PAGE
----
Peter Edelman

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Peter Edelman
Born (1938-01-09) 9 January 1938 (age 76)
Minneapolis, Minnesota, United States
Education Harvard, A.B.
Harvard Law School, LL.B.
Spouse(s) Marian Wright Edelman

Peter B. Edelman (born January 9, 1938) is a lawyer, policy maker, and law professor at Georgetown University Law Center, specializing in the fields of poverty, welfare, juvenile justice, and constitutional law. He worked for Senator Robert F. Kennedy, and for the Clinton Administration, where he resigned to protest Clinton's signing the welfare reform legislation. Edelman grew up in Minneapolis, Minnesota. His father worked as a lawyer and his mother worked as a homemaker. Edelman is married to Marian Wright Edelman, president and founder of the Children's Defense Fund.

Education[edit]

Edelman received his A.B. in 1958 from Harvard College and LL.B. degree from Harvard Law School. Edelman served as a law clerk to Judge Henry Friendly on the U.S. Court of Appeals for the Second Circuit and then as a law clerk for United States Supreme Court Justice Arthur J. Goldberg.

Early career[edit]

He also worked in the U.S. Department of Justice as Special Assistant to Assistant Attorney General John Douglas. Edelman worked as a Legislative Assistant to Senator Robert F. Kennedy from 1964 to 1968, accompanying Kennedy to his meeting with labor leader Cesar Chavez. Edelman also met his wife while in Mississippi with Kennedy to prepare for reauthorization of the Economic Opportunity Act of 1964.[1] Following Kennedy's assassination, Edelman spent brief periods working as deputy director for the Robert F. Kennedy Memorial Center for Human Rights, issues director for Arthur Goldberg's New York gubernatorial campaign, and vice president of the University of Massachusetts from 1972 to 1975.

Edelman became director of the New York State Division for Youth in 1975, joined Foley & Lardner as partner in 1979, and served as Issues Director for Senator Edward Kennedy's Presidential campaign in 1980. In 1981, he helped found Parents United in the District of Columbia to empower parents to advocate for educational quality in DC's public schools. Edelman has taught at Georgetown since 1982.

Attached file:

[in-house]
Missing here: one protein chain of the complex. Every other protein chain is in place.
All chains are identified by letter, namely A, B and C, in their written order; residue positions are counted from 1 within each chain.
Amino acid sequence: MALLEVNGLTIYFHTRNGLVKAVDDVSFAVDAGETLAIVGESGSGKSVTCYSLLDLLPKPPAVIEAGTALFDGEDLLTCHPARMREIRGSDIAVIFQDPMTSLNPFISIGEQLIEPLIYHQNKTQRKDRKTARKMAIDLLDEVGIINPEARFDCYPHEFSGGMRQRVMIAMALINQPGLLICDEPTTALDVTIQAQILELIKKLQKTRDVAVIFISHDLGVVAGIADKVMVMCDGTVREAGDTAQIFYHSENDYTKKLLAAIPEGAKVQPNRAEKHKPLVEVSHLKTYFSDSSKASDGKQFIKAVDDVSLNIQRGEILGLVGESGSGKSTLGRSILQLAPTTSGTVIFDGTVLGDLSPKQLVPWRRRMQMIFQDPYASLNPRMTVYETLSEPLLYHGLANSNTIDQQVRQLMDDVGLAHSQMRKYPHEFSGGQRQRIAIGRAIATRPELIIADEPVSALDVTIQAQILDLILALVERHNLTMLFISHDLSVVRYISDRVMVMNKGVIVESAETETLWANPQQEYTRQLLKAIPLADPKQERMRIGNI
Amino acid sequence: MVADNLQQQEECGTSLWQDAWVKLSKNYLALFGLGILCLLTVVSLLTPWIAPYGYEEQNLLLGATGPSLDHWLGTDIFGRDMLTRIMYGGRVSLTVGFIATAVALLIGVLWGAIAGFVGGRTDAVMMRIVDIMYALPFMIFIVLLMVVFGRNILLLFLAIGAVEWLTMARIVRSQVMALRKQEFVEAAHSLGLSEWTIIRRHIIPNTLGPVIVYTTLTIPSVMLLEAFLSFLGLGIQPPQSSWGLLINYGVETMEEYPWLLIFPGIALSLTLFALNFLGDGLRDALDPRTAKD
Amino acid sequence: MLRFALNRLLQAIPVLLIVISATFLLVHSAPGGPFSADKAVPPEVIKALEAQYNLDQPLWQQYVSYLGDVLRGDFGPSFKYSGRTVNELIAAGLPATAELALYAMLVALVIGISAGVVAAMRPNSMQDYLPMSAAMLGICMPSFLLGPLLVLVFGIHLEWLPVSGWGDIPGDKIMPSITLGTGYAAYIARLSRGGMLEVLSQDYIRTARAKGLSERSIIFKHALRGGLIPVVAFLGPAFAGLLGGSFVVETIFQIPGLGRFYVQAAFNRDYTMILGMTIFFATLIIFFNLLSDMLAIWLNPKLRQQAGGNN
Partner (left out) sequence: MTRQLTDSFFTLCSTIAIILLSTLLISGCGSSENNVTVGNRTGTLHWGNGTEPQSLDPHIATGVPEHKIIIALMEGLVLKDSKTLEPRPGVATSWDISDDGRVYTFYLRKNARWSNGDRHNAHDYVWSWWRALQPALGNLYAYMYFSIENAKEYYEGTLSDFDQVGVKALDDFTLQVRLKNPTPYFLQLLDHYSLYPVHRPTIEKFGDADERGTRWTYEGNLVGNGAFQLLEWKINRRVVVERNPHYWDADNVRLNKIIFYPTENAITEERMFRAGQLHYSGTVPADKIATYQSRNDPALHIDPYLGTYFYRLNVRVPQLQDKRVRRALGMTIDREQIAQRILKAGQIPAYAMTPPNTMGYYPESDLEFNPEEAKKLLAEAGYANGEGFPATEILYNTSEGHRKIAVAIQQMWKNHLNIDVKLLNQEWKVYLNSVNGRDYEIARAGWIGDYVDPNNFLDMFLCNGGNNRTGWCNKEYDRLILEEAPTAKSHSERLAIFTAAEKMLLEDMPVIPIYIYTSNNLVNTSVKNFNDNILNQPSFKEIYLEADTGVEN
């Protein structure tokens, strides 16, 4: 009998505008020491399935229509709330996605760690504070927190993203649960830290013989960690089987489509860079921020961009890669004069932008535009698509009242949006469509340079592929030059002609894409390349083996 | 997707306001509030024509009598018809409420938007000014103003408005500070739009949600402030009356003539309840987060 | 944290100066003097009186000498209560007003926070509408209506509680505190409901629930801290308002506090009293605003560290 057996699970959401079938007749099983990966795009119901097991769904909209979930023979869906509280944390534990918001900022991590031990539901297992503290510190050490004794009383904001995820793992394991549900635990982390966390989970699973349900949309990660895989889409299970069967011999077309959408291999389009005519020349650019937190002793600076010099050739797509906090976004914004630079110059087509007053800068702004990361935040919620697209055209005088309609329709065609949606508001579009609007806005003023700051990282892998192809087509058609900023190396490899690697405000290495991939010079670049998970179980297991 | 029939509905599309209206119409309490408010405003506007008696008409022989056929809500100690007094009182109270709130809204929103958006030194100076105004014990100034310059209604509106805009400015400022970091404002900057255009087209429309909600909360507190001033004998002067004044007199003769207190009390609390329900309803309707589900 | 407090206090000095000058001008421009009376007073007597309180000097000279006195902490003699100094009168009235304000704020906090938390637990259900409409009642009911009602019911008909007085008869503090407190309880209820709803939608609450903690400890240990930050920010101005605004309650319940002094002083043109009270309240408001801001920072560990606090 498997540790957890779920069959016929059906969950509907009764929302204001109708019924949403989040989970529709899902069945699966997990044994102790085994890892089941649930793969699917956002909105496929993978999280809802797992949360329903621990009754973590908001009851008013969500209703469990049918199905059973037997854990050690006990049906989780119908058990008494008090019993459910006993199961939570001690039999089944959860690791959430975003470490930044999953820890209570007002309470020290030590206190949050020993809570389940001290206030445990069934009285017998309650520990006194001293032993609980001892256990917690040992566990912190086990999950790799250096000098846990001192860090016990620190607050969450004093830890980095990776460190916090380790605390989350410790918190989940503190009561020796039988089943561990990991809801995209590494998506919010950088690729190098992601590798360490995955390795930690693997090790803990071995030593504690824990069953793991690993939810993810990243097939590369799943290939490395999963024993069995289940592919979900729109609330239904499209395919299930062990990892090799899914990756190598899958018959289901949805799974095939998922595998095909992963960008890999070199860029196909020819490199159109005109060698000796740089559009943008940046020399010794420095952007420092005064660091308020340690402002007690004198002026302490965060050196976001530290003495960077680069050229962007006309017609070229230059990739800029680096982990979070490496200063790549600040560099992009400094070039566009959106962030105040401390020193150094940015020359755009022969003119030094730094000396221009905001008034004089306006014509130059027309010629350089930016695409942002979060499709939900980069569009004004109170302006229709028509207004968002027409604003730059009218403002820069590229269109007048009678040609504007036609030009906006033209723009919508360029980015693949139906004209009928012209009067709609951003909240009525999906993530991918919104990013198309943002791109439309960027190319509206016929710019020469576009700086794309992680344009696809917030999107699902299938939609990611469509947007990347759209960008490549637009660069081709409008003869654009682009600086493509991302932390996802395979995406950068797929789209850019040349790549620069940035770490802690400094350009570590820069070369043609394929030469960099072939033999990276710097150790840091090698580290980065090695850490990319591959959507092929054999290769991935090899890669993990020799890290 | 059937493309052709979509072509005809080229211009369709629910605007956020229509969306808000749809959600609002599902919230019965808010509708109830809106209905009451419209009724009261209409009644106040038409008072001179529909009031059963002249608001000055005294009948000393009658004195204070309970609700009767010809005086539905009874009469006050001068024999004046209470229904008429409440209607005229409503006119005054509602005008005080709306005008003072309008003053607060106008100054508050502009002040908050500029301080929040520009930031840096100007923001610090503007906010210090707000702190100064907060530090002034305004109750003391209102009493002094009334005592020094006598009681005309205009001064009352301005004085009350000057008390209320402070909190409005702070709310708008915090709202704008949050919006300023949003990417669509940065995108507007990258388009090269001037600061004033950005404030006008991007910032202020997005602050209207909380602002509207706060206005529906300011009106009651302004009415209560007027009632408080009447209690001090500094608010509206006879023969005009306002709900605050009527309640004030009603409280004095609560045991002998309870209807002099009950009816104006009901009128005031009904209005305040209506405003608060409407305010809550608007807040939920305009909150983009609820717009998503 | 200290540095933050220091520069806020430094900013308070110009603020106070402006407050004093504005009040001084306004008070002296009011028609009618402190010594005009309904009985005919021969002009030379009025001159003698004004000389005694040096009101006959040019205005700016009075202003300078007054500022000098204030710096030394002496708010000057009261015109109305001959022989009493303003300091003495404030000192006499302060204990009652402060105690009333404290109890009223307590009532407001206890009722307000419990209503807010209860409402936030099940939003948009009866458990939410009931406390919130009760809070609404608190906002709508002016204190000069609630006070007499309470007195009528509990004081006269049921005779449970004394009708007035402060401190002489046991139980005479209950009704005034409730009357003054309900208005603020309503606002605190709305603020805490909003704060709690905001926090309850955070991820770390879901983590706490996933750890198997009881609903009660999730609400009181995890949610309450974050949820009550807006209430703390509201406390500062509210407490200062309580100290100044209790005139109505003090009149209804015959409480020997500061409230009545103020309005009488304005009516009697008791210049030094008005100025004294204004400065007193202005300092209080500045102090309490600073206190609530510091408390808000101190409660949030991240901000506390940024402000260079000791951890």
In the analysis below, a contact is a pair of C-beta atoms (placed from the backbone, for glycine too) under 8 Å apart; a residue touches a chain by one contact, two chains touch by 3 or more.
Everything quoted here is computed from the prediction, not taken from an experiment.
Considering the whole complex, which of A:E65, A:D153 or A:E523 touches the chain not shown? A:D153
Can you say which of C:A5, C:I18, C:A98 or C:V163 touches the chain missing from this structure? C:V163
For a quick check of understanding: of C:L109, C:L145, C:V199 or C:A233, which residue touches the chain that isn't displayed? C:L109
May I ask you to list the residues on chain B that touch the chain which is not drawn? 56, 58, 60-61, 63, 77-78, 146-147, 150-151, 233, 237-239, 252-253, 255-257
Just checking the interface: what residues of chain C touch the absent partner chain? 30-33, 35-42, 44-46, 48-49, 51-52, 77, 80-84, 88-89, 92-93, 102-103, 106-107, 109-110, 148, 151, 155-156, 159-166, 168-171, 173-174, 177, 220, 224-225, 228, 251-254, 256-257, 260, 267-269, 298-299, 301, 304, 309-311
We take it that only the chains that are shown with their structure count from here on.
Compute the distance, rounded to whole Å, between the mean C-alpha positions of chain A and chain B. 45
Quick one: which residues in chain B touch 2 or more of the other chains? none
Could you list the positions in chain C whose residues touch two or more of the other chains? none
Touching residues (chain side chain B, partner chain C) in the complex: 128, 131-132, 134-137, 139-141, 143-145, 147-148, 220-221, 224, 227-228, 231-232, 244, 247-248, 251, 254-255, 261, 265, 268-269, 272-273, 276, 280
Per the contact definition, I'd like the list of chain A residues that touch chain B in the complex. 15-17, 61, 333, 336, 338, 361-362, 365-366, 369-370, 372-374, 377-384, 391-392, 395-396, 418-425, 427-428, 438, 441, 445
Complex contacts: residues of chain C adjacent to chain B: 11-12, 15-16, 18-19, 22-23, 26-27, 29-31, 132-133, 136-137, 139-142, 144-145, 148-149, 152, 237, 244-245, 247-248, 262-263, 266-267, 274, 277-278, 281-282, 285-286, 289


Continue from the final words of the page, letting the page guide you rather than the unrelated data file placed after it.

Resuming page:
Work in the Clinton administration[edit]

Edelman took a leave of absence during President Clinton's first term to serve as Counselor to HHS Secretary Donna Shalala and then as Assistant Secretary for Planning and Evaluation.

Edelman resigned from the Clinton administration in protest of Clinton signing the Personal Responsibility and Work Opportunity Act.[2] According to Edelman, the 1996 welfare reform law destroyed the safety net. It increased poverty, lowered income for single mothers, put people from welfare into homeless shelters, and left states free to eliminate welfare entirely. It moved mothers and children from welfare to work, but many of them aren't making enough to survive. Many of them were pushed off welfare rolls because they didn't show up for an appointment, when they had no transportation to get to the appointment, or weren't informed about the appointment, said Edelman.[3][4]

In late 1994, Clinton considered nominating Edelman to a seat on the United States Court of Appeals for the District of Columbia Circuit that had become vacant with the decision by Abner Mikva to retire from the bench on September 19, 1994, to become White House counsel. However, Clinton feared a difficult confirmation battle—particularly given publicly stated opposition to Edelman's nomination by U.S. Senate Judiciary Committee member Orrin Hatch—and he backed off, later successfully nominating Merrick Garland to the seat. In 1995, Clinton mulled nominating Edelman to the federal district court in Washington D.C., but in August 1995, he abandoned that possibility as well.[5] The withdrawal came even despite Hatch's stated support for Edelman's nomination. "District court judges don't make policy as much as the judges on the circuit courts do," Hatch told The New York Times. "He's very liberal, but he's also an extremely fine man and I told the White House that I would support him for the district court."[5][6]